Scientific studies on St. John’s Wort effectiveness to treat depression show mixed results. But it can still improve sleep patterns (not sleep quality). Here is what research says:

A study was published in the Journal of Geriatric Psychiatry and Neurology examining the effects of St. John’s Wort on sleep. Over the period of a month, researchers gave the herb to 12 older patients. The results showed an “increase of deep sleep during the total sleep period”. However, the herb didn’t improve the continuity of sleep, the onset of sleep, intermittent wake-up phases, and total time of sleep.

Many studies on the effects of St John’s Wort on depression and anxiety have been done. A research study shows that St John’s Wort may be effective in the treatment of “some adolescents with mild depression”. Another study shows that St John’s Wort is effective in the treatment of mild to moderate depression.

Research further shows that this herb can enhance the final stage of REM sleep. However, if you rely on anecdotal evidence and the vast history of use of this herbal medicine, it can be used to treat depression, insomnia, and anxiety.

St John’s Wort contains many chemical compounds that produce its therapeutic effects. They include xanthones, dianthrone derivatives, flavanols, phytosterols, coumarins, and some essential oil compounds as well.

Benefits of St John’s Wort

Benefits of St John’s Wort

Helps with depression: Throughout history, St John’s Wort has been used to treat depression. It contains chemical compounds which regulate important neurotransmitters like serotonin, dopamine, and norepinephrine. These neurotransmitters make you feel motivated to do things and make you feel happy.

Helps with withdrawal: For people trying to quit alcohol, smoking, or other substances, St. John’s Wort can ease the withdrawal symptoms and help with overcoming addiction.

Treats inflammation: It has high levels of antioxidants and anti-inflammatory compounds. These compounds help ease any inflammatory pain such as joint pain, muscle ache, and so on. It also helps treat inflammation in the heart, decreasing blood pressure and strengthening the heart.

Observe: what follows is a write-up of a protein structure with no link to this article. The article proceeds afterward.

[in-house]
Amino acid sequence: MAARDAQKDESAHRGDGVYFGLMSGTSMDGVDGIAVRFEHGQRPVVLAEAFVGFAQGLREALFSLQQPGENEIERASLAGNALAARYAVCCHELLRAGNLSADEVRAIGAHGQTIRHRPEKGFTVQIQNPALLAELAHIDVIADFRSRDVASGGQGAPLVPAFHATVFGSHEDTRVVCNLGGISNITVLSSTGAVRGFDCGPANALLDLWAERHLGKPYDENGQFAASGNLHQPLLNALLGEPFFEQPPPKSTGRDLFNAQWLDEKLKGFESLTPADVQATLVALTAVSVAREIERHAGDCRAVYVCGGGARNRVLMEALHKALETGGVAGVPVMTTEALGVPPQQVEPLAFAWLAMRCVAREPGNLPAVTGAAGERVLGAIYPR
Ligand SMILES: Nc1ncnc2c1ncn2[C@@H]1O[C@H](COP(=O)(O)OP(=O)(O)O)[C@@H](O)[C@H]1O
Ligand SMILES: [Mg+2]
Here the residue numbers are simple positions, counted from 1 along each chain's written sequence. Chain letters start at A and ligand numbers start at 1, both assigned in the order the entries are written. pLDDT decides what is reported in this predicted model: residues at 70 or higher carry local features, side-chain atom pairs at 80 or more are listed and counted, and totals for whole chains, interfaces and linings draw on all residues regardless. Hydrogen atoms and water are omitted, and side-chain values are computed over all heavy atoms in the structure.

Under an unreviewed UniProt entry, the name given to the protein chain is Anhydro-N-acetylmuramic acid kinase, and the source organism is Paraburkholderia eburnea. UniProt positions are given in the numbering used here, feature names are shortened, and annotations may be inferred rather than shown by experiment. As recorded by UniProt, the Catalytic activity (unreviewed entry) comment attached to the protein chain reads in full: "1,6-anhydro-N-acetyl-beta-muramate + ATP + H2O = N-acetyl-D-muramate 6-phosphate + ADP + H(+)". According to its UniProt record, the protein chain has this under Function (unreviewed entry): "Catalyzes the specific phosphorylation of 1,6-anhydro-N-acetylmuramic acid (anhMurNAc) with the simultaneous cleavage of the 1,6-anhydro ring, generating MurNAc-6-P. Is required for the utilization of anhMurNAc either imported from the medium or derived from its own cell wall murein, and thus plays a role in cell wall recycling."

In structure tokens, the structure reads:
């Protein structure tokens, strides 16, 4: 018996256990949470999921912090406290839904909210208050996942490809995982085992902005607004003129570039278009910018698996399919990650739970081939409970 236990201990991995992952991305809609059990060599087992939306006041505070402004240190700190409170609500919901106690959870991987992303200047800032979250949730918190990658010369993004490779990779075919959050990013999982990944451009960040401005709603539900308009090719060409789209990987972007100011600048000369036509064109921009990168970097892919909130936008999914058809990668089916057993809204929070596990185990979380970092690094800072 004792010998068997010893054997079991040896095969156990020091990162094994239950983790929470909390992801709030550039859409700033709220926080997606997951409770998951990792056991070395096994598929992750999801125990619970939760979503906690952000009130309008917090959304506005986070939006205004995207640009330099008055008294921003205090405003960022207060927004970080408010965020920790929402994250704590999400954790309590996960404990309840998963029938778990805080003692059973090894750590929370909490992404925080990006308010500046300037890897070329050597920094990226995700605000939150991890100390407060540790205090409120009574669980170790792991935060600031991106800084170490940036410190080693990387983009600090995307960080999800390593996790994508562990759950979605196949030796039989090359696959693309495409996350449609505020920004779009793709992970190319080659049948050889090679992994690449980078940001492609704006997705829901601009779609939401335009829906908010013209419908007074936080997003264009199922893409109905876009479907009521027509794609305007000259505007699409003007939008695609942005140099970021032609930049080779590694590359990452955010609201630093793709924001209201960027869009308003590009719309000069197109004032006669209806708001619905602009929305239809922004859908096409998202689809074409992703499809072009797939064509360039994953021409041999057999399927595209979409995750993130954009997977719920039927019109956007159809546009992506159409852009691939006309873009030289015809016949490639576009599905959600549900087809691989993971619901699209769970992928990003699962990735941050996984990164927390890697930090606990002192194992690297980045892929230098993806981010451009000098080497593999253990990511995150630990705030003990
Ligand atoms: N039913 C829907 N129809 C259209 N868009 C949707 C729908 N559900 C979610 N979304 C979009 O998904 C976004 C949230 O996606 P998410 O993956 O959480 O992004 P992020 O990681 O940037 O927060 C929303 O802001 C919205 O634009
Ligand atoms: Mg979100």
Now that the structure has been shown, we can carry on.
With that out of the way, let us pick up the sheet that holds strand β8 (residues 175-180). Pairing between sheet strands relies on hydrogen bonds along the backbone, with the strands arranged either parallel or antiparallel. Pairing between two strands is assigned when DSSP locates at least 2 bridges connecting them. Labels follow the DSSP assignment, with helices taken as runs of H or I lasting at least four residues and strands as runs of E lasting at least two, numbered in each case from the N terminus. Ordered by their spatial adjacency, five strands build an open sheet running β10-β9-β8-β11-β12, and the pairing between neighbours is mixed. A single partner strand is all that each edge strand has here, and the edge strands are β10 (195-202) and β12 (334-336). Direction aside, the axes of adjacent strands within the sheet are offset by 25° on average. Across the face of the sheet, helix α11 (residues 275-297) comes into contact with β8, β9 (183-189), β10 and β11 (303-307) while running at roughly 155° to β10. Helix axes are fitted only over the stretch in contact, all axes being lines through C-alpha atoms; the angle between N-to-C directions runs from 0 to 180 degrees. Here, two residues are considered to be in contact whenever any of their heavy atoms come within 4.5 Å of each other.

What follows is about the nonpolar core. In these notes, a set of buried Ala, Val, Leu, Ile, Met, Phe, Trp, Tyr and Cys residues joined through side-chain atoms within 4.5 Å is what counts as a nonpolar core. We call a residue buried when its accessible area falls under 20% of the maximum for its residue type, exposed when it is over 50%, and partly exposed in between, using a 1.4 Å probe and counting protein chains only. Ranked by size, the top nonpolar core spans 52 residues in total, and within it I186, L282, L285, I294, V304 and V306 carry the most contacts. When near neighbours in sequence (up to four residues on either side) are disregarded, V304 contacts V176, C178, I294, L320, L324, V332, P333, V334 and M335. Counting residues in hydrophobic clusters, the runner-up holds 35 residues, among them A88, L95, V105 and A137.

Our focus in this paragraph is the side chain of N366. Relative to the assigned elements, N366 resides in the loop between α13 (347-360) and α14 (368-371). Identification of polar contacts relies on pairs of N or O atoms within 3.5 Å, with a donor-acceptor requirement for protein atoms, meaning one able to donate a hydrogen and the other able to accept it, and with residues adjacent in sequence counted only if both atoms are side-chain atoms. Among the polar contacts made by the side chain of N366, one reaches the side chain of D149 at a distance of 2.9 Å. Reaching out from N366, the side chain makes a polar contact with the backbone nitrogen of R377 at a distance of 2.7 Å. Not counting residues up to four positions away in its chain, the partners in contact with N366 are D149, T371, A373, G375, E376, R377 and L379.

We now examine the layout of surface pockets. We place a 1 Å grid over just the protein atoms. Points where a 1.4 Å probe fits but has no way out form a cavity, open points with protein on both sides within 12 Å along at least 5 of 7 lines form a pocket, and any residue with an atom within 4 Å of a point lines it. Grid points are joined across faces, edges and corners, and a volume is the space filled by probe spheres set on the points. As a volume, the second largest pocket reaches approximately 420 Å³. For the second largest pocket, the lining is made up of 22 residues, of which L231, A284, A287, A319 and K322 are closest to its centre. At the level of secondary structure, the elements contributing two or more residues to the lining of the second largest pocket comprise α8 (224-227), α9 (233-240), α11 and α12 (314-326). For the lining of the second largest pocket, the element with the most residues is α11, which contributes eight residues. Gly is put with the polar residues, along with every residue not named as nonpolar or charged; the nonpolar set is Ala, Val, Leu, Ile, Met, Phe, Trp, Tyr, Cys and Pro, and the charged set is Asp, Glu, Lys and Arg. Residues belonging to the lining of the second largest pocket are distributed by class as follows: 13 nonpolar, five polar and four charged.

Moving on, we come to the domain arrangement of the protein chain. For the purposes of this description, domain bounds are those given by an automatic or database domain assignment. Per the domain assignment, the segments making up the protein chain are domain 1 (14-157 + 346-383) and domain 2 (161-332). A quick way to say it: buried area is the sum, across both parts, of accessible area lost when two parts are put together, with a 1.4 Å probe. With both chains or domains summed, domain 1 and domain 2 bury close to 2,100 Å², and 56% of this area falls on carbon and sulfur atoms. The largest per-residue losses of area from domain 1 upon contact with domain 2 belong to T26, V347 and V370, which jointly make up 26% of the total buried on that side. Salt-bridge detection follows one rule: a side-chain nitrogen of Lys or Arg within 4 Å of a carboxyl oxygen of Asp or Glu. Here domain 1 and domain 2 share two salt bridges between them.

Prevents viruses: According to research, St John’s Wort can combat viral infections, but only when it is taken in high doses. The downside is that, high doses of herbal remedies often lead to unwanted side effects.

Eases anxiety: St. John’s Wort restores the hormonal balance in the body, which boosts metabolism and fixes the internal clock. This restoration helps with insomnia and chronic fatigue. Once the chronic stress hormones are removed from the system, people feel less anxious and more in control of their lives.

​Side effects of St John’s Wort

Although the herb can help you sleep, it also has some side effects.

Same side effects as Prozac - Based on Australian Drug Safety reports, researchers discovered that St. John’s Wort could have the same side effects as Prozac, the popular antidepressant. It can cause side effects such as anxiety, panic attacks, dizziness, nausea, and spikes in blood pressure.

Other side effects from research studies include stomach upset, erectile dysfunction, dry mouth, diarrhea, liver injury, and headache. St. John’s Wort can also worsen symptoms of various mental health conditions including bipolar disorder, major depression, schizophrenia, and ADHD.

​Medication Interaction of St John’s Wort.

There are many kinds of medications that could interact with St. John’s Wort. They include:

  • Antidepressants: When St. John’s Wort is combined with serotonin uptake inhibitors, it leads to serotonin syndrome with symptoms such as high body temperature, tremor, diarrhea, agitation. Anyhow, it’s quite clear that you should not take any herbal remedy if you’re taking psychiatric medications.
  • Cough and Cold medicines
  • Seizure Medications
  • Heart disease medicines
  • Other herbal remedies
  • Blood thinners
  • Cancer medications
  • HIV drugs
  • Organ transplant medications

​9. California Poppy

California Poppy

California poppy originates from California but is grown on the west coast in United States from Washington in the north to Mexico in the south. It is golden orange in color and that is why it is also called “orange poppy”. It is the state flower of California known for its sedative effects. It can also relieve nerve pain, which if left untreated, can cause insomnia. It is used for any issues with nervous system, sleep disorders, and nerve pain.

​What Research Says

In a study done on 264 people with mild to moderate generalized anxiety, the effects of California poppy versus a placebo were tested. California poppy was given in the form of the drug Sympathyl, which contains California poppy, hawthorn, and magnesium. Those who took Sympathyl reported higher reduction in anxiety than those who took the placebo.

The researchers gave the conclusion that Sympathyl is safe and more effective than placebo at treating mild to moderate anxiety symptoms.